Among Leader’s suggestions based on reforms on the South Shore, get rid of automated telephone systems that ask people to key in different numbers for different services, and instead have a real person answer a single phone number and then be able to book an appointment with the right professional, on the spot. A province-wide, live-answer phone number is one of the measures Stephen McNeil’s Liberal government, now running for reelection, has promised to implement.

Some of the biggest potential for change may be in how service is delivered, experts believe. One aspect of that is pushing more mental health care into family doctors’ offices, instead of quickly referring people to the formal mental health system or up the line to scarce psychiatrists.

Kutcher says there is one large group with what he calls “low-intensity needs,” living with depression, anxiety disorders or, in children, ADHD. Then there’s a much smaller number with what he calls “high-intensity, low-volume needs,” living with ailments such as schizophrenia, bipolar syndrome or severe eating disorders.

“Right now what is happening is people with all these different kinds of needs are all heading to special mental health services,” says Kutcher.

Linda Courey agrees.

“There has also been an expectation on the part of Nova Scotians that everyone needs a psychiatrist for life, if you are in the system, and if not for life for a very long time,” she says.

“We have all sorts of specialists seeing people for extended periods with no evidence of that resulting in improved outcomes, and yet we have all sorts of people waiting on our waitlist who can’t come into the system because it is filled up with people who perhaps don’t need to be continuing to receive treatment.”

One of the approaches Nova Scotia is trying is to develop collaborative care teams in family practices that include nurses and other professionals, as well as doctors. They can then take some of the load off the physicians. In April, the government, now seeking re-election, announced 12 new nurse practitioners and 10 family practice nurses would be added in a range of rural communities, to help fill some of the gap.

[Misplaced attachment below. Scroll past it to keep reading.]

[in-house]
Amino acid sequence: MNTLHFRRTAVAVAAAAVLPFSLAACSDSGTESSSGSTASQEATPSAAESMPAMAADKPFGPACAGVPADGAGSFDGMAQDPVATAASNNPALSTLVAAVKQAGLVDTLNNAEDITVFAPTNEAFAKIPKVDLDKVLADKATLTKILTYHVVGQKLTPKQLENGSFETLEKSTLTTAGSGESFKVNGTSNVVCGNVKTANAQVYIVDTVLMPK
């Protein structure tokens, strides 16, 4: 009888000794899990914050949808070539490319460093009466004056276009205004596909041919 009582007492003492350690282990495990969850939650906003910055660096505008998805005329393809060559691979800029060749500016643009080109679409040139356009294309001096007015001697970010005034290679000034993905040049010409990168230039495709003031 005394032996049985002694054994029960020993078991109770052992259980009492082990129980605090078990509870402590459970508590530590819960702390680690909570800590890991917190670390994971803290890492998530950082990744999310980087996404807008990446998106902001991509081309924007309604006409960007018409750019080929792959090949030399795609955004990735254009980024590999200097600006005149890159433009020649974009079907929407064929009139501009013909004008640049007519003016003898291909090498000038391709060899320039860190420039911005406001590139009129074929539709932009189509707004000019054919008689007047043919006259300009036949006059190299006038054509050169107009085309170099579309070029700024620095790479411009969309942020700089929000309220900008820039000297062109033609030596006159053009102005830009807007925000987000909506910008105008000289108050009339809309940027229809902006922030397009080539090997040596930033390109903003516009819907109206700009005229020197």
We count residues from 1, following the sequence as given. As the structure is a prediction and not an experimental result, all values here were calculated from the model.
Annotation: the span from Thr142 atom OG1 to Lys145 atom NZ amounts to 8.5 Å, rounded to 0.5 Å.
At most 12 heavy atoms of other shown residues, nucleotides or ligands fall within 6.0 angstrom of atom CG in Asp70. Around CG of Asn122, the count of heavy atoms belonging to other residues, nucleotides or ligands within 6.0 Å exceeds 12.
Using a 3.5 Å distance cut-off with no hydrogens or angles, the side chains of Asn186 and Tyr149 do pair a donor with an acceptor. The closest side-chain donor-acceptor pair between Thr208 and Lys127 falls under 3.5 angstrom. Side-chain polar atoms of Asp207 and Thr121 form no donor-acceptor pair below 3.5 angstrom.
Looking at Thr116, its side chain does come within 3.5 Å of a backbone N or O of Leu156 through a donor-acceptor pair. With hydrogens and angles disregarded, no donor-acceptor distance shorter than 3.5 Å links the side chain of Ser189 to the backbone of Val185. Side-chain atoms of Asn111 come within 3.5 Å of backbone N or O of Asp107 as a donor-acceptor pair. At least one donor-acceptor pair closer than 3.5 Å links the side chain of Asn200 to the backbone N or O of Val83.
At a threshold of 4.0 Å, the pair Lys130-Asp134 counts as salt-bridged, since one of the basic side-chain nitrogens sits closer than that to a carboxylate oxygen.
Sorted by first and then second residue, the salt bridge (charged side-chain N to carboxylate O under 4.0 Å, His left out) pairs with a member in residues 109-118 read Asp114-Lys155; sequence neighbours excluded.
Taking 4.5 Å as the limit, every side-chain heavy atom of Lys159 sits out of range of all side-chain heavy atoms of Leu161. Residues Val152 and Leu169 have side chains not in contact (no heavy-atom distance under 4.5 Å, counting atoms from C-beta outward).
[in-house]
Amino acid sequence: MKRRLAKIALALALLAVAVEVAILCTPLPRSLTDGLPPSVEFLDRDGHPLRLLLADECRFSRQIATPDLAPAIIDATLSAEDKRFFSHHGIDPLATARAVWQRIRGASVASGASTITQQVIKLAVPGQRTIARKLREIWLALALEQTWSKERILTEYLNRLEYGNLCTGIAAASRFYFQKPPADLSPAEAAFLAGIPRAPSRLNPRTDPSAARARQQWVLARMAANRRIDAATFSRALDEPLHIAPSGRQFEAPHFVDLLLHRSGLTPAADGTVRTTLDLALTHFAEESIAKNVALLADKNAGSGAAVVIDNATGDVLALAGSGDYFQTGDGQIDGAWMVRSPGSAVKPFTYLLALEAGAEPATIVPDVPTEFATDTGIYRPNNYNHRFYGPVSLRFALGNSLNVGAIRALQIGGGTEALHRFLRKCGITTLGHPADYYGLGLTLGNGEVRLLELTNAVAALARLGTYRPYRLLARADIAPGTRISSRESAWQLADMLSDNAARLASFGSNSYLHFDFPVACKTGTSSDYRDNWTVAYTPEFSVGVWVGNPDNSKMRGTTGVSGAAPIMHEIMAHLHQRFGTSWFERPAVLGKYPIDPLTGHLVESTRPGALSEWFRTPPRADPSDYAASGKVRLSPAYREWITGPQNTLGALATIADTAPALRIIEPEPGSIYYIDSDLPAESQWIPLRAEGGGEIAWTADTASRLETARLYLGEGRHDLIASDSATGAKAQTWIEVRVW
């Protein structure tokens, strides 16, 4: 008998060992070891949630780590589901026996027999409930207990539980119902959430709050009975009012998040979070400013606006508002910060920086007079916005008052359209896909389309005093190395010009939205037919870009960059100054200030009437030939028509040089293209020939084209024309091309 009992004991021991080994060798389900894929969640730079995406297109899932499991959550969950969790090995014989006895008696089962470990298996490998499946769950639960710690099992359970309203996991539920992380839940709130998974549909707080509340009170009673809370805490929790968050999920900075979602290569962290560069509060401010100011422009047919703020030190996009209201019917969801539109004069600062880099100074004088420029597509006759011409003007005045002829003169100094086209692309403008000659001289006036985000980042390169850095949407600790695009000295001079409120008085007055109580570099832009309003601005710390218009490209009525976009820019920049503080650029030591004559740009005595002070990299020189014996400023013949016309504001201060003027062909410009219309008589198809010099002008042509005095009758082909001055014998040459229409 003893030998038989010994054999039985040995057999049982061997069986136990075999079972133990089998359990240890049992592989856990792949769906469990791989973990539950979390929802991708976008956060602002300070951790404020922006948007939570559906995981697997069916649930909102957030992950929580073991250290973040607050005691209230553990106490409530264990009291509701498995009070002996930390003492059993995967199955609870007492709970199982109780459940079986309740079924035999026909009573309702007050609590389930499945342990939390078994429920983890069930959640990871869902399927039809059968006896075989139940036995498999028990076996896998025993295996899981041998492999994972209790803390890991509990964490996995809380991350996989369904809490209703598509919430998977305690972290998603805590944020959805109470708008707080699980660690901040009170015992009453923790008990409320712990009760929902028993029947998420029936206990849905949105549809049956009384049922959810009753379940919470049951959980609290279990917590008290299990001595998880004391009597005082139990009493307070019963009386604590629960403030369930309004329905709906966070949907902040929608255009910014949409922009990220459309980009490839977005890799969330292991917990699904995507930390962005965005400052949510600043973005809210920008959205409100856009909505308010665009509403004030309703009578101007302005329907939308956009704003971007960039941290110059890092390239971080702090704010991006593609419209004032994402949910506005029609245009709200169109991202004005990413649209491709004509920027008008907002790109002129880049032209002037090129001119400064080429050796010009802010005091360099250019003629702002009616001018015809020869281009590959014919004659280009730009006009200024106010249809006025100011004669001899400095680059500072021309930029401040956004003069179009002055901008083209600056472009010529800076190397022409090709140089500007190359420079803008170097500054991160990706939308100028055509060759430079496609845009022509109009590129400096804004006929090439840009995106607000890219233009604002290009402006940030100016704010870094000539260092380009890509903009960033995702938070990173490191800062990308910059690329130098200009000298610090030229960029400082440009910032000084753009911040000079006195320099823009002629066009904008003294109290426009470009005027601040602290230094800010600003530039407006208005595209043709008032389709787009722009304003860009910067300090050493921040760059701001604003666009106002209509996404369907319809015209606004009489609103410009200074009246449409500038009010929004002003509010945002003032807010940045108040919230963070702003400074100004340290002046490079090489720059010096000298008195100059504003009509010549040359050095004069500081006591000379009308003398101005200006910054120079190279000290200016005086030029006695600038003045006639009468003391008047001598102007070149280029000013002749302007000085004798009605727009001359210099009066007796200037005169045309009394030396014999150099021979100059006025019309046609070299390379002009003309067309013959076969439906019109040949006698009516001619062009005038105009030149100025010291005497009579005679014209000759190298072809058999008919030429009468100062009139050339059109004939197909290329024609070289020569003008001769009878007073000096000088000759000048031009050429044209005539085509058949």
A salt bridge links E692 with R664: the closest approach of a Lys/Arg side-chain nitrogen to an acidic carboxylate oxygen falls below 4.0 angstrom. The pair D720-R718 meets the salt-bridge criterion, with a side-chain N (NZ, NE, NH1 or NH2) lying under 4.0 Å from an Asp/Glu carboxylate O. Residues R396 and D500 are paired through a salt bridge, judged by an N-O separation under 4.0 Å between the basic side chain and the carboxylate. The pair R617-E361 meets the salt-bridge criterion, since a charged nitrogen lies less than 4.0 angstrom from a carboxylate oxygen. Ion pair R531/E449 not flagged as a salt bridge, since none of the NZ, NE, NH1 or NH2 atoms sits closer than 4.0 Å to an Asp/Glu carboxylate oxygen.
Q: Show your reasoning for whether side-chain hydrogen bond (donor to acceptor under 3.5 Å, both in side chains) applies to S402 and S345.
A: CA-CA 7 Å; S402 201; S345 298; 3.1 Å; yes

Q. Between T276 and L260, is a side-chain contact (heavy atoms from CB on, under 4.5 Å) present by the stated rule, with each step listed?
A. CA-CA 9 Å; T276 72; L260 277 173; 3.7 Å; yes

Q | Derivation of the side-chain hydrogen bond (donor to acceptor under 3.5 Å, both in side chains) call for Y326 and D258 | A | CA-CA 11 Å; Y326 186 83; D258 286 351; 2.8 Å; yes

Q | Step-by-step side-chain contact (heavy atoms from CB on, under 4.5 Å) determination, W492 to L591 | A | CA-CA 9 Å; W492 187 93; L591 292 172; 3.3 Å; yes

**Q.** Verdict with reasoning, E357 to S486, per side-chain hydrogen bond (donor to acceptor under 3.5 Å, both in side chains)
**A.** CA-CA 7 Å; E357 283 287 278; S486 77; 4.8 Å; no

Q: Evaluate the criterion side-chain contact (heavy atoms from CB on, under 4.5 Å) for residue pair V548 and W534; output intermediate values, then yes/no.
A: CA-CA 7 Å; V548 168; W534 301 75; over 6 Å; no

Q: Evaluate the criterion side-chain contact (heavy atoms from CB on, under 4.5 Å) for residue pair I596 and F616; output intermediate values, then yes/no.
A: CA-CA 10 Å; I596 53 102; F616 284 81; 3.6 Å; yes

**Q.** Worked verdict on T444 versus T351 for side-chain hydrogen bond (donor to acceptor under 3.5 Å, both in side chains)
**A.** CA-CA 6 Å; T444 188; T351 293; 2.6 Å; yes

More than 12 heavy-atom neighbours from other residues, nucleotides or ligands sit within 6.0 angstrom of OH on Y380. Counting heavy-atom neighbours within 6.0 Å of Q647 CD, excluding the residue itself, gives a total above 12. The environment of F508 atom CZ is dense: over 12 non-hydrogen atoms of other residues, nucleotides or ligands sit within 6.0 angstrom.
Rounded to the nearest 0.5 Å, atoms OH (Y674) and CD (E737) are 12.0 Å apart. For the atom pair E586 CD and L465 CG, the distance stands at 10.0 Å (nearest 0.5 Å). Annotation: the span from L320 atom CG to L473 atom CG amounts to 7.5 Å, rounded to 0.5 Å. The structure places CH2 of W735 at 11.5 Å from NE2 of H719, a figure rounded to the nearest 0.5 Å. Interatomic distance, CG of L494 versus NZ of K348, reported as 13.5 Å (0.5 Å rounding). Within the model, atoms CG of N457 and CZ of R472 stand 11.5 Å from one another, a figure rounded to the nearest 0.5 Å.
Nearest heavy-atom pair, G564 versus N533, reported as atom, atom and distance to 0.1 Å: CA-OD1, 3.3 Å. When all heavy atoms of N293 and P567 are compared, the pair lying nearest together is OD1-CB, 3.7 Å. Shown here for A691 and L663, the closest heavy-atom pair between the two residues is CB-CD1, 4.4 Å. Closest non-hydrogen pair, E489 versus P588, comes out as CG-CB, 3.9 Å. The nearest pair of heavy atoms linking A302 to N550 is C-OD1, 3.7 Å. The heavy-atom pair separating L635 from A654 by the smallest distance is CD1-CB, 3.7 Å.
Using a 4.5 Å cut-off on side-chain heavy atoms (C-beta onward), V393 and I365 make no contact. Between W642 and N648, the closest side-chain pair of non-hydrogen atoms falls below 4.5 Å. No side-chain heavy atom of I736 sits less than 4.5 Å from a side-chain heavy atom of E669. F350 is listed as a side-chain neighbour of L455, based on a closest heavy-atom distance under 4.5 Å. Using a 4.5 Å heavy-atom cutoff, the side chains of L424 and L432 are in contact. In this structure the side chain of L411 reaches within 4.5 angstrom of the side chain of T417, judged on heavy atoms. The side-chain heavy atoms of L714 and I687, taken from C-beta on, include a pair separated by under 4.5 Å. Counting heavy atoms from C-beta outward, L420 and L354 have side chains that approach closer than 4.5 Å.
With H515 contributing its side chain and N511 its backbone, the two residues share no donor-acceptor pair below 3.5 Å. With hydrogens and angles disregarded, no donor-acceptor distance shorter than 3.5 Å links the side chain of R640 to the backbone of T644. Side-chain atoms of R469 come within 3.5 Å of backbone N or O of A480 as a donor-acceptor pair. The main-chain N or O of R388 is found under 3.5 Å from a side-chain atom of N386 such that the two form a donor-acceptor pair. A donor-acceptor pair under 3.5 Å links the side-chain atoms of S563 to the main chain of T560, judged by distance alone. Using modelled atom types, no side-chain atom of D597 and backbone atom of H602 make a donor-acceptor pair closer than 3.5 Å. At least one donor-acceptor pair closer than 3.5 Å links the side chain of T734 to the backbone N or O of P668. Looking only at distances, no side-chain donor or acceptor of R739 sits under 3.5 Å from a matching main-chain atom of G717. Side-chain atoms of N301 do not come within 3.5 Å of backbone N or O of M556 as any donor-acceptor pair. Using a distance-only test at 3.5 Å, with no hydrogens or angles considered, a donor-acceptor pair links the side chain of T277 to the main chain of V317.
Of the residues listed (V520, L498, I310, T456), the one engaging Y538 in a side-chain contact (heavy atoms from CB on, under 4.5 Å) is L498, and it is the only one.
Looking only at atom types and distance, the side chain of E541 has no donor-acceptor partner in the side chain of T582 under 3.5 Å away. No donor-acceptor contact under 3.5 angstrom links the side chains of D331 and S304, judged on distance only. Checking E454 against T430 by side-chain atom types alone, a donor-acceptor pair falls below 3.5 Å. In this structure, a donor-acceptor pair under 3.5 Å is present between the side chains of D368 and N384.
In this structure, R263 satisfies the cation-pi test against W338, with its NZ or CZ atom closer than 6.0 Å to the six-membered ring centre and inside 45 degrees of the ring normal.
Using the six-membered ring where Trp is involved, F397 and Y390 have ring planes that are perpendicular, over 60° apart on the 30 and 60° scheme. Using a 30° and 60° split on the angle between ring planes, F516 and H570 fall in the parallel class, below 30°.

Better training of professionals is also needed, experts say.

“My son recently graduated from family medicine training in Toronto,” Kutcher says. “And he is now practicing family medicine and emergency medicine, and in his medicine training he had two weeks of training in mental health and psychiatry, yet most of the kids he sees in his practice have mental health needs. Now that's just doesn’t make any sense.”

Doctors Nova Scotia, the organization that represents the province’s physicians, recently participated in a study in which 50 doctors were trained using a mental health module developed in BC. According to spokesperson Kevin Chapman, the doctors who participated found it improved their ability to deliver effective services. The program’s funding ran out, however, and the organization is now looking for ways to find the money to revive it.

Dr. Michael Teehan, head and clinical chief of Dalhousie University’s psychiatry department, says solving the problems that beset mental health care away from major population centres will take time. “It’s a lot more difficult to do that in places where not only they lack those resources, and where people are to the pit of their collar on the frontline just seeing patient after patient, and having very little time to think about how could we make this system better,” he says.

“So the hope is that the planning at the provincial level, we have the time to do that and we have hopefully the right people to evaluate and look at how to make the changes. But it’s a difficult task. It’s going to take a decade, I’d say, if we get it done right.”

And more money.

Mental health expenses are largely about people—the therapists, doctors and other professionals who deliver the care. And people cost money.

Kutcher agrees that mental health care has a long way to go, and compared to physical medicine, has really made very little progress. “Forty years ago we were faced with this horribly challenging vexatious, uncertain, catastrophe in health care. It was called HIV/AIDS, and that was a death sentence. Now you can live a full and constructive and healthy and constructive life, with HIV/AIDS,” he says.

“But what have we achieved in the mental health area? Nothing like that, not even close, and when you look at what happened with HIV/AIDS, there was a humongous amount of funding put into this research to try to figure out what was going on and how to address it. None of that's happening now” in mental health.